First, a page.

First of all, Briseis has a magical power connected to plants. This speaks to my little Pagan heart so much. What more could this nature enthusiast want but a story about a girl with the power to grow plants from practically nothing? And like all good fantasy tales that include magic of some sort, Briseis’ magic comes with lots of practical limitations. She has had to hide it all her life. And even when it seems safer to practice more openly, she still doesn’t understand exactly what is happening nor why. And what happens when that very magical power you possess puts yourself and your loved ones at risk?

Secondly, I loved the different relationships that are explored within this book. You’ve got the family dynamic between Briseis and her parents. They love each other dearly, and all have very unique and powerful voices. Mom and Mo approach parenting in different ways, and complement each other like the best of relationships do. And the way that they unabashedly embarrass Briseis in front of her new friend, Karter, is too amusing as a reader looking in. As for Karter, well I can’t say too much without giving away spoilers but his friendship with Briseis is something she has never quite experienced before.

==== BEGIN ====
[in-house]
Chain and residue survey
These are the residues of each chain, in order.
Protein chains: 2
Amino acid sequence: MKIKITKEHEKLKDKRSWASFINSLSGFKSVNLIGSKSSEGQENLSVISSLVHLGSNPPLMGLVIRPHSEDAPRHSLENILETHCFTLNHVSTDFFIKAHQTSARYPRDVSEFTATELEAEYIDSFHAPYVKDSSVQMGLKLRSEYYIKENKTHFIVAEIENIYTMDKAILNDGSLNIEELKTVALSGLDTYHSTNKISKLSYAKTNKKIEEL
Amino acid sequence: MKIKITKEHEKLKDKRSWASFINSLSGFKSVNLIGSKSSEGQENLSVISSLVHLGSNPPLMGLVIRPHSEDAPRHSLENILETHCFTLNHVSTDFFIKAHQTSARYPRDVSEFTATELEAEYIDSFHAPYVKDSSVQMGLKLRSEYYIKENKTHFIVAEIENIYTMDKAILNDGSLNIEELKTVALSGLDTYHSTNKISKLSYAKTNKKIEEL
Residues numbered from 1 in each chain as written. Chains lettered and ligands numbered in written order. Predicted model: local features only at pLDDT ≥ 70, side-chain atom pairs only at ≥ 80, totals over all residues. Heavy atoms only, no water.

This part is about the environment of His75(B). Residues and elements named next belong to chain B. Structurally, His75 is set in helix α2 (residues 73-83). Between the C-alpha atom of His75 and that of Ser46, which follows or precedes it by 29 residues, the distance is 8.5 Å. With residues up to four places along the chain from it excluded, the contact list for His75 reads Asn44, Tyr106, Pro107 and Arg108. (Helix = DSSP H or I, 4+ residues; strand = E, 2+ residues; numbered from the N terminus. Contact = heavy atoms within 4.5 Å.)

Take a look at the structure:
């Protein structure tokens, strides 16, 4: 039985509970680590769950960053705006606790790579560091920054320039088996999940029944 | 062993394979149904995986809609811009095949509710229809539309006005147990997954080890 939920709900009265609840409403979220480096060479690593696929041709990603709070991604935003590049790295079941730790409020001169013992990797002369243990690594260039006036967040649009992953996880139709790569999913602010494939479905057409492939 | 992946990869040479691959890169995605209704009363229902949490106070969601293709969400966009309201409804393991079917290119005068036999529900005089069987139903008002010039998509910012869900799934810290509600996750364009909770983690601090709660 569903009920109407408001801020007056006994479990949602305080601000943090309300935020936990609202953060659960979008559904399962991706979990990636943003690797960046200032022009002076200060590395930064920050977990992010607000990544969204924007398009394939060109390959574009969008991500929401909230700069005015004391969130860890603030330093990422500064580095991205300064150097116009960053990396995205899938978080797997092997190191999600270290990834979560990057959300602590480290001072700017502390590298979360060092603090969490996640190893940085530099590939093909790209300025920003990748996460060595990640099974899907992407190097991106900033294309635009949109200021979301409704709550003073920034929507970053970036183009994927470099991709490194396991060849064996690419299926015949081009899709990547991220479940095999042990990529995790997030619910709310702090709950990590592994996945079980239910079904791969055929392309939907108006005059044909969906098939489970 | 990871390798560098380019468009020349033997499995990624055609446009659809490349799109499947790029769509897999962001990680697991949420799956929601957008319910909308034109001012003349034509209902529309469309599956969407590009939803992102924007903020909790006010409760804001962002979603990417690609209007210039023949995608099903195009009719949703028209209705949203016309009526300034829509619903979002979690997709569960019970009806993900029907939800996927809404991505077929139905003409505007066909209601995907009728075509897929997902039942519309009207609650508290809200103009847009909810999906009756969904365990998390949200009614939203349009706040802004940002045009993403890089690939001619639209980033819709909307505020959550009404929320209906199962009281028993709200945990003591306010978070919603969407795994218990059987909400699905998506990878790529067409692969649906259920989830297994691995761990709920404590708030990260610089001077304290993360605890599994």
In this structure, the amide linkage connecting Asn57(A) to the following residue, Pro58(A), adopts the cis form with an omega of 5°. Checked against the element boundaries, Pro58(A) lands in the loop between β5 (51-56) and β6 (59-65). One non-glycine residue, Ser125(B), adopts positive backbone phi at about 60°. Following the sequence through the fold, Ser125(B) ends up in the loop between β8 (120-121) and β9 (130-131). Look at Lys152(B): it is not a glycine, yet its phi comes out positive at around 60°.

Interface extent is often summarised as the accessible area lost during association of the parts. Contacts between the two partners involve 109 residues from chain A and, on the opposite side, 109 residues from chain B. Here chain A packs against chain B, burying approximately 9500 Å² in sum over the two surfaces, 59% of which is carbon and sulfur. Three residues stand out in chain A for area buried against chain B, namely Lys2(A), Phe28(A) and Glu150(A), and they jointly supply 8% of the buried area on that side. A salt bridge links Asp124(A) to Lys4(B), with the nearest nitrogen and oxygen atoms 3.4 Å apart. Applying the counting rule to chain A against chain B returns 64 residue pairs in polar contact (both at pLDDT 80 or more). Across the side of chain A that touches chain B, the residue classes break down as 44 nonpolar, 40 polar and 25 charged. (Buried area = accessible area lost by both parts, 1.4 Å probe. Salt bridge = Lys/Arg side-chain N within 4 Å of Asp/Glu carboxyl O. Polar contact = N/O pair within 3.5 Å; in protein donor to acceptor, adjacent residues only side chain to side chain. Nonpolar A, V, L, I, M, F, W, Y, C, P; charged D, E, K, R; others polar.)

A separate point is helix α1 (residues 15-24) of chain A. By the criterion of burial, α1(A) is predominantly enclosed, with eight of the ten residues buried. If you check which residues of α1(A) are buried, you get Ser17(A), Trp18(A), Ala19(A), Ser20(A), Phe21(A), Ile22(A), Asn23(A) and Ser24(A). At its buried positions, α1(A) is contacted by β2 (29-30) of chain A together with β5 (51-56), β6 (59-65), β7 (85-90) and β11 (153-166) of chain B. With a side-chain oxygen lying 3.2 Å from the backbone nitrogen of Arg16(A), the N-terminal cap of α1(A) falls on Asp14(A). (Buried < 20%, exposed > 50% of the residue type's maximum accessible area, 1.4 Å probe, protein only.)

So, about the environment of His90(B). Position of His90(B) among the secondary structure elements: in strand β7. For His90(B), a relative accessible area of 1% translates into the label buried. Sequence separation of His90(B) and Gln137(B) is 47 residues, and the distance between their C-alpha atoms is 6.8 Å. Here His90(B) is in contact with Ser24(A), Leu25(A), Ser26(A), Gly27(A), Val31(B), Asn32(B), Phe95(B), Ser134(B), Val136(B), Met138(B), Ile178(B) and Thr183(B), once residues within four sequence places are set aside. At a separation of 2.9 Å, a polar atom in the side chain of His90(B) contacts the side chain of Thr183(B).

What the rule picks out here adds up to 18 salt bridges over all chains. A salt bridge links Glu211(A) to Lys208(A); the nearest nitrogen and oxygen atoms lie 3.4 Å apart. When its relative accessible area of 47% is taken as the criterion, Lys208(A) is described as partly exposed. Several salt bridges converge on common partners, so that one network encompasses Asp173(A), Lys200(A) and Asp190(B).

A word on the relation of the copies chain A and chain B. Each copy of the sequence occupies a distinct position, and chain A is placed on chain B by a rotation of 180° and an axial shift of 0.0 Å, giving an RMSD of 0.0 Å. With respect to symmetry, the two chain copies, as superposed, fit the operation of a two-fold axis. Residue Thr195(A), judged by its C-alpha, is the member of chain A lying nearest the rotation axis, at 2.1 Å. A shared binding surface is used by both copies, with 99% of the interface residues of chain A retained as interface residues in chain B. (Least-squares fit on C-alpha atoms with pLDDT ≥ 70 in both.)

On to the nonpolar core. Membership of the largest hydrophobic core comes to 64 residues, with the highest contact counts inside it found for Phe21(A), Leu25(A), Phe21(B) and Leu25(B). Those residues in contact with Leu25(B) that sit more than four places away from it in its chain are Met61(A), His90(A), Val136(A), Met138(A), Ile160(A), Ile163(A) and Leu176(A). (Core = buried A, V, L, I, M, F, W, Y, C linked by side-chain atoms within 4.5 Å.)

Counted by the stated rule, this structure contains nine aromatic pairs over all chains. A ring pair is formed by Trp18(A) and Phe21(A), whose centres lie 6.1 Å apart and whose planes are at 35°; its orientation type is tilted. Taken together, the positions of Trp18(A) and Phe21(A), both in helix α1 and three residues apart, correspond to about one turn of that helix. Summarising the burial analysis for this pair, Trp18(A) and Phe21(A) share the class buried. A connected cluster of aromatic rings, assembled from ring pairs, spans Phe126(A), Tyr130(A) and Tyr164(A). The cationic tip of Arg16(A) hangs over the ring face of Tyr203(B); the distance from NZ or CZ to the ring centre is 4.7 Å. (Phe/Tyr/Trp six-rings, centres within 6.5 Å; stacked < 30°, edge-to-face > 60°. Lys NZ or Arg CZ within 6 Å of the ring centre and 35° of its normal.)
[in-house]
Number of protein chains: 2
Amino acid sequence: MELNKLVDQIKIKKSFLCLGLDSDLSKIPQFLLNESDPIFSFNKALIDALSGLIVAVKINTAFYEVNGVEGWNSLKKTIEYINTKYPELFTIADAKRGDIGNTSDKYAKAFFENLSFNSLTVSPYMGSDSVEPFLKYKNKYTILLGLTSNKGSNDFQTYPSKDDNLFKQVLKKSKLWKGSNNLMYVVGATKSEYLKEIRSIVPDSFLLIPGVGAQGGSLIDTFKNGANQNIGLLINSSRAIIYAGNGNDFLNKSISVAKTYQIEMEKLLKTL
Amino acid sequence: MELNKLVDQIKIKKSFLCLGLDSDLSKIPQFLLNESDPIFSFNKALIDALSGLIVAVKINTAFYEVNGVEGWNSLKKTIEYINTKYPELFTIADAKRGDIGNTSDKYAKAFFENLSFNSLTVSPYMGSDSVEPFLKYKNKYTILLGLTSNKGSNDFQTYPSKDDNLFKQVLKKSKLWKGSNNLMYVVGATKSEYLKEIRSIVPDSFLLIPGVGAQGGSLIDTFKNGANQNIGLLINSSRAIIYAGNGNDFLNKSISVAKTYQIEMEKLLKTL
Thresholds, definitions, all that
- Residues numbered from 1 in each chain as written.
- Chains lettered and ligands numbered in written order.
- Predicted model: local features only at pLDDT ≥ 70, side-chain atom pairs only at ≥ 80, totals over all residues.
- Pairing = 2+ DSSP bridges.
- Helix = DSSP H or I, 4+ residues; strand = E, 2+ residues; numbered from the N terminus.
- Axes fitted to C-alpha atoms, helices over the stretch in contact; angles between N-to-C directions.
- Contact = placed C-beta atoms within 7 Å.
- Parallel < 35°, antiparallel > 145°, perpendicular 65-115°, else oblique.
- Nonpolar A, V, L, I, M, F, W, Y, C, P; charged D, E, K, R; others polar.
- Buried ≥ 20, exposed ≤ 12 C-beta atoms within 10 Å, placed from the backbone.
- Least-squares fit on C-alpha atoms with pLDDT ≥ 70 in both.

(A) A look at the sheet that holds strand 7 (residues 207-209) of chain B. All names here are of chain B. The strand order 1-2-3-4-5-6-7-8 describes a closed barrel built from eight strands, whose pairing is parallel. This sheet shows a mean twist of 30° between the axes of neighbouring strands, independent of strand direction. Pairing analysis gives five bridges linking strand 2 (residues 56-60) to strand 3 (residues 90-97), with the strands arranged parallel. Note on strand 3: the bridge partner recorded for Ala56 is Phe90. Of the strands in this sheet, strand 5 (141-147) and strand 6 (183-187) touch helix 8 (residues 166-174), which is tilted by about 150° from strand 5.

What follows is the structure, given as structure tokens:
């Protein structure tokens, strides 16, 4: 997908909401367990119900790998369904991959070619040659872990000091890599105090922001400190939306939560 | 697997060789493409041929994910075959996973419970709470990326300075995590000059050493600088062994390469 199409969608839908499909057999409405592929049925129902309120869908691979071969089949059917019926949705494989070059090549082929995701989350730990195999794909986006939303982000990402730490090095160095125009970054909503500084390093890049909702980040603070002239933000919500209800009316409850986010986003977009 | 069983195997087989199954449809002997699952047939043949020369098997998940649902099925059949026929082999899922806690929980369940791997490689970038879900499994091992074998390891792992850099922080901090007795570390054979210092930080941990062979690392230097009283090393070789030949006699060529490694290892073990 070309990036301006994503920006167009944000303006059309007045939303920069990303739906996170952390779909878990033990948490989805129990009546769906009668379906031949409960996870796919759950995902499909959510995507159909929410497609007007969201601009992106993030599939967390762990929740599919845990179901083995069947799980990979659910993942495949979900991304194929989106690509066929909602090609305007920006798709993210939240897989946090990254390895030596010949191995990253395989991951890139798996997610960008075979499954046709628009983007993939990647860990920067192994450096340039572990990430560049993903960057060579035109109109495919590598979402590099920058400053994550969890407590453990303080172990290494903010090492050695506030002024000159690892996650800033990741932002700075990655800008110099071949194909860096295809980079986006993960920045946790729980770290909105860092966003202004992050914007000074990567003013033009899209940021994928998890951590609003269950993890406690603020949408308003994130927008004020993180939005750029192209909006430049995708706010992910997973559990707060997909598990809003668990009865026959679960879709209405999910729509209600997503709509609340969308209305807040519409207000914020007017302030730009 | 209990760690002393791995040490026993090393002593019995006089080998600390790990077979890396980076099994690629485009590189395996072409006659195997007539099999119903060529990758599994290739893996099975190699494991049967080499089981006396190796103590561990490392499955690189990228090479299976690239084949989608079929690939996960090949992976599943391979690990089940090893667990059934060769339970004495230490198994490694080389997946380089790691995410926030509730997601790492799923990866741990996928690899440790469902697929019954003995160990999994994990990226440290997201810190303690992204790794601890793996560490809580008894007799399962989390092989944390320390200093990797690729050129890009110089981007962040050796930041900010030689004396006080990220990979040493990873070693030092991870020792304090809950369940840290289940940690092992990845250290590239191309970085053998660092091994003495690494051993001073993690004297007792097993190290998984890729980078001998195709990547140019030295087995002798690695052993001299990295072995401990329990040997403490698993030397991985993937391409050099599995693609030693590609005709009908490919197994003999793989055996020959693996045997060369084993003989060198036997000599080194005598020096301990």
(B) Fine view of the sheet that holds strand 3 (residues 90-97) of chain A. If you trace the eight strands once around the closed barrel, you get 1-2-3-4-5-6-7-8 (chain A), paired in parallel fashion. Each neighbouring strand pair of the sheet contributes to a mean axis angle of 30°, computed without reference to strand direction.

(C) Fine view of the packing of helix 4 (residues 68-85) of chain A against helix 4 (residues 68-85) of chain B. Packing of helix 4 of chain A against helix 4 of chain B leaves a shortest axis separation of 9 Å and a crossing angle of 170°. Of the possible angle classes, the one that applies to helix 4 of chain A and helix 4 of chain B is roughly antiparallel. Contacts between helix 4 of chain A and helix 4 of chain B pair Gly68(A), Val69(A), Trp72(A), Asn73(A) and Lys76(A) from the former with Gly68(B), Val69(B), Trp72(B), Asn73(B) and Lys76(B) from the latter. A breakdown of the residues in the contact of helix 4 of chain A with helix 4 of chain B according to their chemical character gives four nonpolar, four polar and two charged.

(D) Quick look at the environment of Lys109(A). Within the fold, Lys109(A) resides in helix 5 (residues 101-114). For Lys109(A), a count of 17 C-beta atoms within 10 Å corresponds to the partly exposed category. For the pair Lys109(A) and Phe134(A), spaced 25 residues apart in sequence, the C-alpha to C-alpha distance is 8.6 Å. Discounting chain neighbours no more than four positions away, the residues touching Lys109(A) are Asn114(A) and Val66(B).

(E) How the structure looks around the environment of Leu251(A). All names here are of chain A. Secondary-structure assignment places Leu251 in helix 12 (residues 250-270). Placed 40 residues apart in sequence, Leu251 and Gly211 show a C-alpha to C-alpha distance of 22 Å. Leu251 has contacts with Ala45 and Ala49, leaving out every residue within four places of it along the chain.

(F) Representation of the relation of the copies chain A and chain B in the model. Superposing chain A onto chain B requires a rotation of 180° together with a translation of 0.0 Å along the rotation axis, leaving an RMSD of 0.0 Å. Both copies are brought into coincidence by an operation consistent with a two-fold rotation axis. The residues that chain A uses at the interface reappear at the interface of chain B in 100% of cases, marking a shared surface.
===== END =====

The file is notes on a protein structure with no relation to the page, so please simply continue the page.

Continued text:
Then there are the more mysterious characters, like Marie. From the first time we meet her we know something is up. But what is it? We’re kept guessing for quite some time, and when we finally start to find out we can feel the mixture of fear and intrigue that Briseis feels too. In this book there is a common theme of who to trust and whether that trust is well placed – be prepared for some major hurt near the end!

Finally there is the weaving of ancient mythology with modern day life. Briseis’ exploration of the ancient myths which lead her to a greater understanding of her own ancestry is fascinating, and makes me want to read these myths myself. Who doesn’t love a bit of storytelling that plays upon well-known tales and giving them a new spin? It seems as if Kalynn Bayron is a master at this.

Grab yourself a copy of This Poison Heart

This Poison Heart comes out on 29th June 2021, and you can grab a copy from my favourite independent bookshop Queer Lit. If you’re not in the UK I encourage you to look for an independent bookshop to support where you live.